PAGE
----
Practice Lesson of the Week

Slow ventricular tachycardia

BMJ 2008; 337 doi: http://dx.doi.org/10.1136/bmj.39489.687894.DE (Published 03 July 2008) Cite this as: BMJ 2008;337:a424
  1. Nicolas Leitz, training post in dermatology1,
  2. Zarqa Khawaja, foundation year 2, anaesthetics2,
  3. Martin Been, consultant cardiologist3
  1. 1Praxis Leitz, Stuttgart, Germany
  2. 2Royal-Berkshire Hospital, Reading
  3. 3Department of Cardiology, University Hospitals Coventry and Warwickshire, Coventry CV2 2DX
  1. Correspondence to: M Been martin.been{at}uhcw.nhs.uk
  • Accepted 11 September 2007

A high index of suspicion for “slow ventricular tachycardia” is required in patients taking antiarrhythmic drugs

Ventricular tachycardias are commonly mistaken for supraventricular tachycardia with aberrant conduction. An incorrect diagnosis occurs in as many as 30% of cases.1 2 For patients prone to serious ventricular arrhythmias, antiarrhythmic drugs are frequently used, even in patients with devices such as an implantable cardioverter defibrillator, in whom slow ventricular tachycardia is more common than in the rest of the population.3 Such drug regimens commonly include amiodarone and β blockers, which may modulate the rate of any breakthrough ventricular rhythms to as low as 100-120 beats/min. Failure to recognise that patients have a persistent ventricular rhythm may have a deleterious effect on their haemodynamic status, with potential aggravation of symptoms of heart failure and further impairment of ventricular function. Such patients often have poor cardiac reserve, and minor deterioration in cardiac function can have serious consequences such as ventricular fibrillation, cardiac arrest, and sudden cardiac death.4 We report two cases where the diagnosis was missed, mainly because the heart rate was relatively slow.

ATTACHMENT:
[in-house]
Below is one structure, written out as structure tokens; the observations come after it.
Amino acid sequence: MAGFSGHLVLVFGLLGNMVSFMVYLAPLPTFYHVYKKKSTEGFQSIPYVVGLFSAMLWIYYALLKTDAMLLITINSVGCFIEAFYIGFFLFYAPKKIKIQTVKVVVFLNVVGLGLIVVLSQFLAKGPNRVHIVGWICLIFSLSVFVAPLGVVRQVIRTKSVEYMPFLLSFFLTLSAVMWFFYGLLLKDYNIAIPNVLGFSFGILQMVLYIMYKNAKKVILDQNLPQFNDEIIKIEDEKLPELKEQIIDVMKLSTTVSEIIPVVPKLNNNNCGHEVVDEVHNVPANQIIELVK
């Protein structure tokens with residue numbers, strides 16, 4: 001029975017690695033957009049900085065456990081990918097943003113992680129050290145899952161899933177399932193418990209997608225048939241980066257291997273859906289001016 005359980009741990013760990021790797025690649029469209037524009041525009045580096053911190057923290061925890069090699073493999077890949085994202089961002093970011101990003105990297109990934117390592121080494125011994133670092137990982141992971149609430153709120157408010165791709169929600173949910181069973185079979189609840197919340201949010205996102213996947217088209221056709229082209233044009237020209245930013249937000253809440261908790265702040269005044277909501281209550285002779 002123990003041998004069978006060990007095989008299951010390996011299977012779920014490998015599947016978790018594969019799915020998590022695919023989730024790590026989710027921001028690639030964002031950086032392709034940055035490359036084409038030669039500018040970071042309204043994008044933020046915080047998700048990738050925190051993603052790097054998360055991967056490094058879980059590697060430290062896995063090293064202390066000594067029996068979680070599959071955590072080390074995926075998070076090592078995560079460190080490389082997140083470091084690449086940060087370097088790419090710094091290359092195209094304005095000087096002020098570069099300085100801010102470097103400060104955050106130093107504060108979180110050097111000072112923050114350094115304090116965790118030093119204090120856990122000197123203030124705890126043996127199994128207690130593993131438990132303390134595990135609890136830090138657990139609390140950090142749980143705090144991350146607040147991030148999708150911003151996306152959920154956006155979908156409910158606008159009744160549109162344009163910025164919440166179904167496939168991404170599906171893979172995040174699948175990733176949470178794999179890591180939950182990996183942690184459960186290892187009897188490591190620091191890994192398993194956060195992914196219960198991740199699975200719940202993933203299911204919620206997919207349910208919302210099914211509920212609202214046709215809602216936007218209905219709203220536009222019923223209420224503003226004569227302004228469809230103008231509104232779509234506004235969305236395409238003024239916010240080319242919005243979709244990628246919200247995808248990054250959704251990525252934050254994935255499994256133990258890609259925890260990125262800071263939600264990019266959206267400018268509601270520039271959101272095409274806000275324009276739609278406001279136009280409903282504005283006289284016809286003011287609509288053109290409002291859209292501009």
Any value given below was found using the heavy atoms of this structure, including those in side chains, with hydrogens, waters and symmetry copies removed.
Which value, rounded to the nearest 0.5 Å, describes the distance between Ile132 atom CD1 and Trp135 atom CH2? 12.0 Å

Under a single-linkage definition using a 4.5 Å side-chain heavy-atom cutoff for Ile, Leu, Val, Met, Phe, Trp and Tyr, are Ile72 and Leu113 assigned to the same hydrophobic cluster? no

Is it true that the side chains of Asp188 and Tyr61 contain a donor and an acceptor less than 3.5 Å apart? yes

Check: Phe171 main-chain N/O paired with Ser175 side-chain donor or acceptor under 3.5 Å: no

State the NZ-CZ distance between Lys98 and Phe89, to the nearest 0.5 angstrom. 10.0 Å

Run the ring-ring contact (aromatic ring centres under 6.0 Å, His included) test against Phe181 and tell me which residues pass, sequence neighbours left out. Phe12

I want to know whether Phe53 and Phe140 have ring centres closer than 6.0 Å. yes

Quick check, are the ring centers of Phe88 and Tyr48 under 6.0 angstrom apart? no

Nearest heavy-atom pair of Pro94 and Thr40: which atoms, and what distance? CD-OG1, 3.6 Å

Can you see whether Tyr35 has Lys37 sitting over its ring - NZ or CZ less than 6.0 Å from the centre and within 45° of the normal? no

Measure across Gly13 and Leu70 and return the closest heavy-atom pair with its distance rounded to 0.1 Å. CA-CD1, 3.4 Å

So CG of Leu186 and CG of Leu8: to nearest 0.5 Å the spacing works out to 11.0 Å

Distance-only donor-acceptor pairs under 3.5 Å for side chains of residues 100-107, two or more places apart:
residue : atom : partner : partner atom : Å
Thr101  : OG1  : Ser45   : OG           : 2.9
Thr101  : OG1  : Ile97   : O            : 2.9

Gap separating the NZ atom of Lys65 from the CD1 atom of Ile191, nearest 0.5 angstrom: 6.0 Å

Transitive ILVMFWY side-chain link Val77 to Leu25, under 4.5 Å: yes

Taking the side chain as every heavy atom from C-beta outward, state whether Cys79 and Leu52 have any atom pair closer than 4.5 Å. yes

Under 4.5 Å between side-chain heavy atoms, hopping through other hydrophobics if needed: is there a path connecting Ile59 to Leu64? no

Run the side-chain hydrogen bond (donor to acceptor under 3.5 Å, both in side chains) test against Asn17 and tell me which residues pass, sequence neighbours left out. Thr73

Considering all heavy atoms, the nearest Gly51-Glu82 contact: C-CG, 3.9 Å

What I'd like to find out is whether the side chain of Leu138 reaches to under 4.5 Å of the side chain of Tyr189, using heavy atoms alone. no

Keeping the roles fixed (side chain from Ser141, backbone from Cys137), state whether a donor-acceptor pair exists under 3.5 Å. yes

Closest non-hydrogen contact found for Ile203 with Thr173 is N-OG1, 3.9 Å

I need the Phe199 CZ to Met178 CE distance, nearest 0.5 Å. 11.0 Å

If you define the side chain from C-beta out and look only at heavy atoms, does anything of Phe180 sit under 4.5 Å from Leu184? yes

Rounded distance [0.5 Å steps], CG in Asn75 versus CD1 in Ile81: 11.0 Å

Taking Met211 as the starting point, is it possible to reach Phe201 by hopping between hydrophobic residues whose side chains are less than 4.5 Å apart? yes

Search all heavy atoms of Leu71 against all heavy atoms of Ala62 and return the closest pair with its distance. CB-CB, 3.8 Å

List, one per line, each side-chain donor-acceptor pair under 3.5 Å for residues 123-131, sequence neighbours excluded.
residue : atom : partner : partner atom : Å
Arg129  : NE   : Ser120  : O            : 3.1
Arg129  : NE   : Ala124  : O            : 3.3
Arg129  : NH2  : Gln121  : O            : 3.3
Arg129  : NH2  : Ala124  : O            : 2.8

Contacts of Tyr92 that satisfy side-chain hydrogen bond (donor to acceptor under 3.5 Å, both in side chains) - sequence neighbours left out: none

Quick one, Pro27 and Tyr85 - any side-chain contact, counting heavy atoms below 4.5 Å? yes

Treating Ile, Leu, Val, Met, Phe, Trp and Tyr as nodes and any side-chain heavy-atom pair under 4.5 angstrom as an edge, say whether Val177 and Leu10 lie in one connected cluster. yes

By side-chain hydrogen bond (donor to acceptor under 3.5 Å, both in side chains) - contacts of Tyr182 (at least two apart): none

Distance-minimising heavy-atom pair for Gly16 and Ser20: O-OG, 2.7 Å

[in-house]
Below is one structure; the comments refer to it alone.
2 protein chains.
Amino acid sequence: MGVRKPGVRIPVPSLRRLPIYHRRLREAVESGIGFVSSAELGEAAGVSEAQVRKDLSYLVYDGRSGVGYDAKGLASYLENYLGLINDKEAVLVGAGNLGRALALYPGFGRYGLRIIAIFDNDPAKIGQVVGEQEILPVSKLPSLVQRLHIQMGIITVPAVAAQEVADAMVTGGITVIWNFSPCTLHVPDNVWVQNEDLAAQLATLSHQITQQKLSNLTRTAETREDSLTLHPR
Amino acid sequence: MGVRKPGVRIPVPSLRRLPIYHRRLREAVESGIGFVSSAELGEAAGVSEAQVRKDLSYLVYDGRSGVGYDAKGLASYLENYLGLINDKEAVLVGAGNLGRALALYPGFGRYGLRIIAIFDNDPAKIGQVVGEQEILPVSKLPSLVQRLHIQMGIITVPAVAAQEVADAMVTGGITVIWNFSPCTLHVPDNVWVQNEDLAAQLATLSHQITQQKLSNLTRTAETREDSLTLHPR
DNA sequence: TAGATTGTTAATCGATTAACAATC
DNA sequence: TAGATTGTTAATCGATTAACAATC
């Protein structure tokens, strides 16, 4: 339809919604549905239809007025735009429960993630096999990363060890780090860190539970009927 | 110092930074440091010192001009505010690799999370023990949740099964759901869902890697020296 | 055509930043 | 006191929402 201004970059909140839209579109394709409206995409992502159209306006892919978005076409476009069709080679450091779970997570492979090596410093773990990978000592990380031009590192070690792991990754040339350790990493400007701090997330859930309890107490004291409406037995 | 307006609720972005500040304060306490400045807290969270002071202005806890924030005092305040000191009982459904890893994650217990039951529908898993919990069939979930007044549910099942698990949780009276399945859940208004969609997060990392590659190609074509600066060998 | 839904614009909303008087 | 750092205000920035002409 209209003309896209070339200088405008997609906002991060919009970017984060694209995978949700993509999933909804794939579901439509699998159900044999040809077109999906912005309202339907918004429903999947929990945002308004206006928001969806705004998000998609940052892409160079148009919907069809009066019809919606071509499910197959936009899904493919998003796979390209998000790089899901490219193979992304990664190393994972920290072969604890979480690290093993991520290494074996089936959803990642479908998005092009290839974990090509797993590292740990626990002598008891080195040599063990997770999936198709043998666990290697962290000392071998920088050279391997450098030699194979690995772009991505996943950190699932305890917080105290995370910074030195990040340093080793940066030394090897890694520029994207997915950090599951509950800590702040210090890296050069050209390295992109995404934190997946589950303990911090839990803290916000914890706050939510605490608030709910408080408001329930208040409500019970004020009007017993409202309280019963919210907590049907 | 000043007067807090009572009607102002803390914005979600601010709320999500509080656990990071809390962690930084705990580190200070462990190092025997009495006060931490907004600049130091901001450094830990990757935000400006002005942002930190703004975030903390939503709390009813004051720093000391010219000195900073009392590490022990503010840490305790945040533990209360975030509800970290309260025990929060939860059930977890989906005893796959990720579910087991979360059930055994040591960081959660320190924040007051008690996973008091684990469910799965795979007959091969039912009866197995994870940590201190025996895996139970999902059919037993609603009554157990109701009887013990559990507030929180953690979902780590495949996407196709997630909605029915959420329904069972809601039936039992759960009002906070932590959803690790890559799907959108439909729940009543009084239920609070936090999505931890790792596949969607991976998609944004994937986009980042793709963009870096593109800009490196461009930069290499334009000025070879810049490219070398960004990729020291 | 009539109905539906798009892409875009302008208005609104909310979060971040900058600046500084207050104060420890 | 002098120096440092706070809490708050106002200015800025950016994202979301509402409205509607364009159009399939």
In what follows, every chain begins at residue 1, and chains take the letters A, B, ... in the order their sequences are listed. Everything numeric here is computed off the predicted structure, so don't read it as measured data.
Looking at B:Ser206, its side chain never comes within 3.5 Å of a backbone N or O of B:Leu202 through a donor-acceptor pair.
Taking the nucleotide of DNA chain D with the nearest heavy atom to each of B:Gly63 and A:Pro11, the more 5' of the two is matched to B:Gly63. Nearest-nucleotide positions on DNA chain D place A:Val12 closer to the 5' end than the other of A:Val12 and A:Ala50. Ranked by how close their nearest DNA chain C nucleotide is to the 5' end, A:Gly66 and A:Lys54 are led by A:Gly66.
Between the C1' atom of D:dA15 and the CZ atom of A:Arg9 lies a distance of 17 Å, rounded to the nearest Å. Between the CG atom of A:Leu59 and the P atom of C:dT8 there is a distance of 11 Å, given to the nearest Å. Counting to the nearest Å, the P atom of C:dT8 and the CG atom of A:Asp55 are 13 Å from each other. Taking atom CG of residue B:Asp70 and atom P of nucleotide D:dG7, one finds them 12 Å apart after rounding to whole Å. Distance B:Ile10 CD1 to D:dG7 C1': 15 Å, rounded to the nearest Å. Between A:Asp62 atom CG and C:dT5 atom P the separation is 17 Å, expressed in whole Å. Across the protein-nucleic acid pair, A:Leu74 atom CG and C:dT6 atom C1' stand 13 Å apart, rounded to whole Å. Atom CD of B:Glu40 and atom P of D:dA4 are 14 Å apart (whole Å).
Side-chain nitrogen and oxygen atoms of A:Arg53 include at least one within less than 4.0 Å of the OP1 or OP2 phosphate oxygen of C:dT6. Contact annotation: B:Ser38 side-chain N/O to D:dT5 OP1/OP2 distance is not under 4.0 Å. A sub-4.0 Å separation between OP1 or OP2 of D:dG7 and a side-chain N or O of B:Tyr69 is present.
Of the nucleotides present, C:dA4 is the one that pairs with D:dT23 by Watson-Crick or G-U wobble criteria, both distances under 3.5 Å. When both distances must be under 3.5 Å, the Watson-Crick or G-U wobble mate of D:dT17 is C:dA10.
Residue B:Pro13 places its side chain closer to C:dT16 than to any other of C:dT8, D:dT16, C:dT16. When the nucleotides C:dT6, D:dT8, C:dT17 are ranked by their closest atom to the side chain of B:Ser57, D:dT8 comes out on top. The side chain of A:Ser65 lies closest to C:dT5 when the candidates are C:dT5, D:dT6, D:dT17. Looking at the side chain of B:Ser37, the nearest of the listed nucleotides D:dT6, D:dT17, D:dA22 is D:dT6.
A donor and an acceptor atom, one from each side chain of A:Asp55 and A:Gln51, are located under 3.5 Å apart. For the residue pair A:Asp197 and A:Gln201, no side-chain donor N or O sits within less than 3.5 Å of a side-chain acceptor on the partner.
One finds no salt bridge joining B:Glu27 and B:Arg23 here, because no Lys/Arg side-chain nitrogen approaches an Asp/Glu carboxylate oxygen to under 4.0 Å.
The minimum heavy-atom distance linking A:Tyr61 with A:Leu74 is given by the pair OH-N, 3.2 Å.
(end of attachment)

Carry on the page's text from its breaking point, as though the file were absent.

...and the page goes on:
Case reports

Case 1

An 87 year old man was admitted because of a sudden onset of shortness of breath and slurred speech. His medical history included an inferior myocardial infarction 27 years previously and left ventricular failure diagnosed about 10 years ago. He had been prescribed amiodarone eight years previously, after the start of atrial fibrillation, and had taken it continuously since then.

On examination his pulse was 108 beats/min, heart sounds were normal with no murmurs, and …

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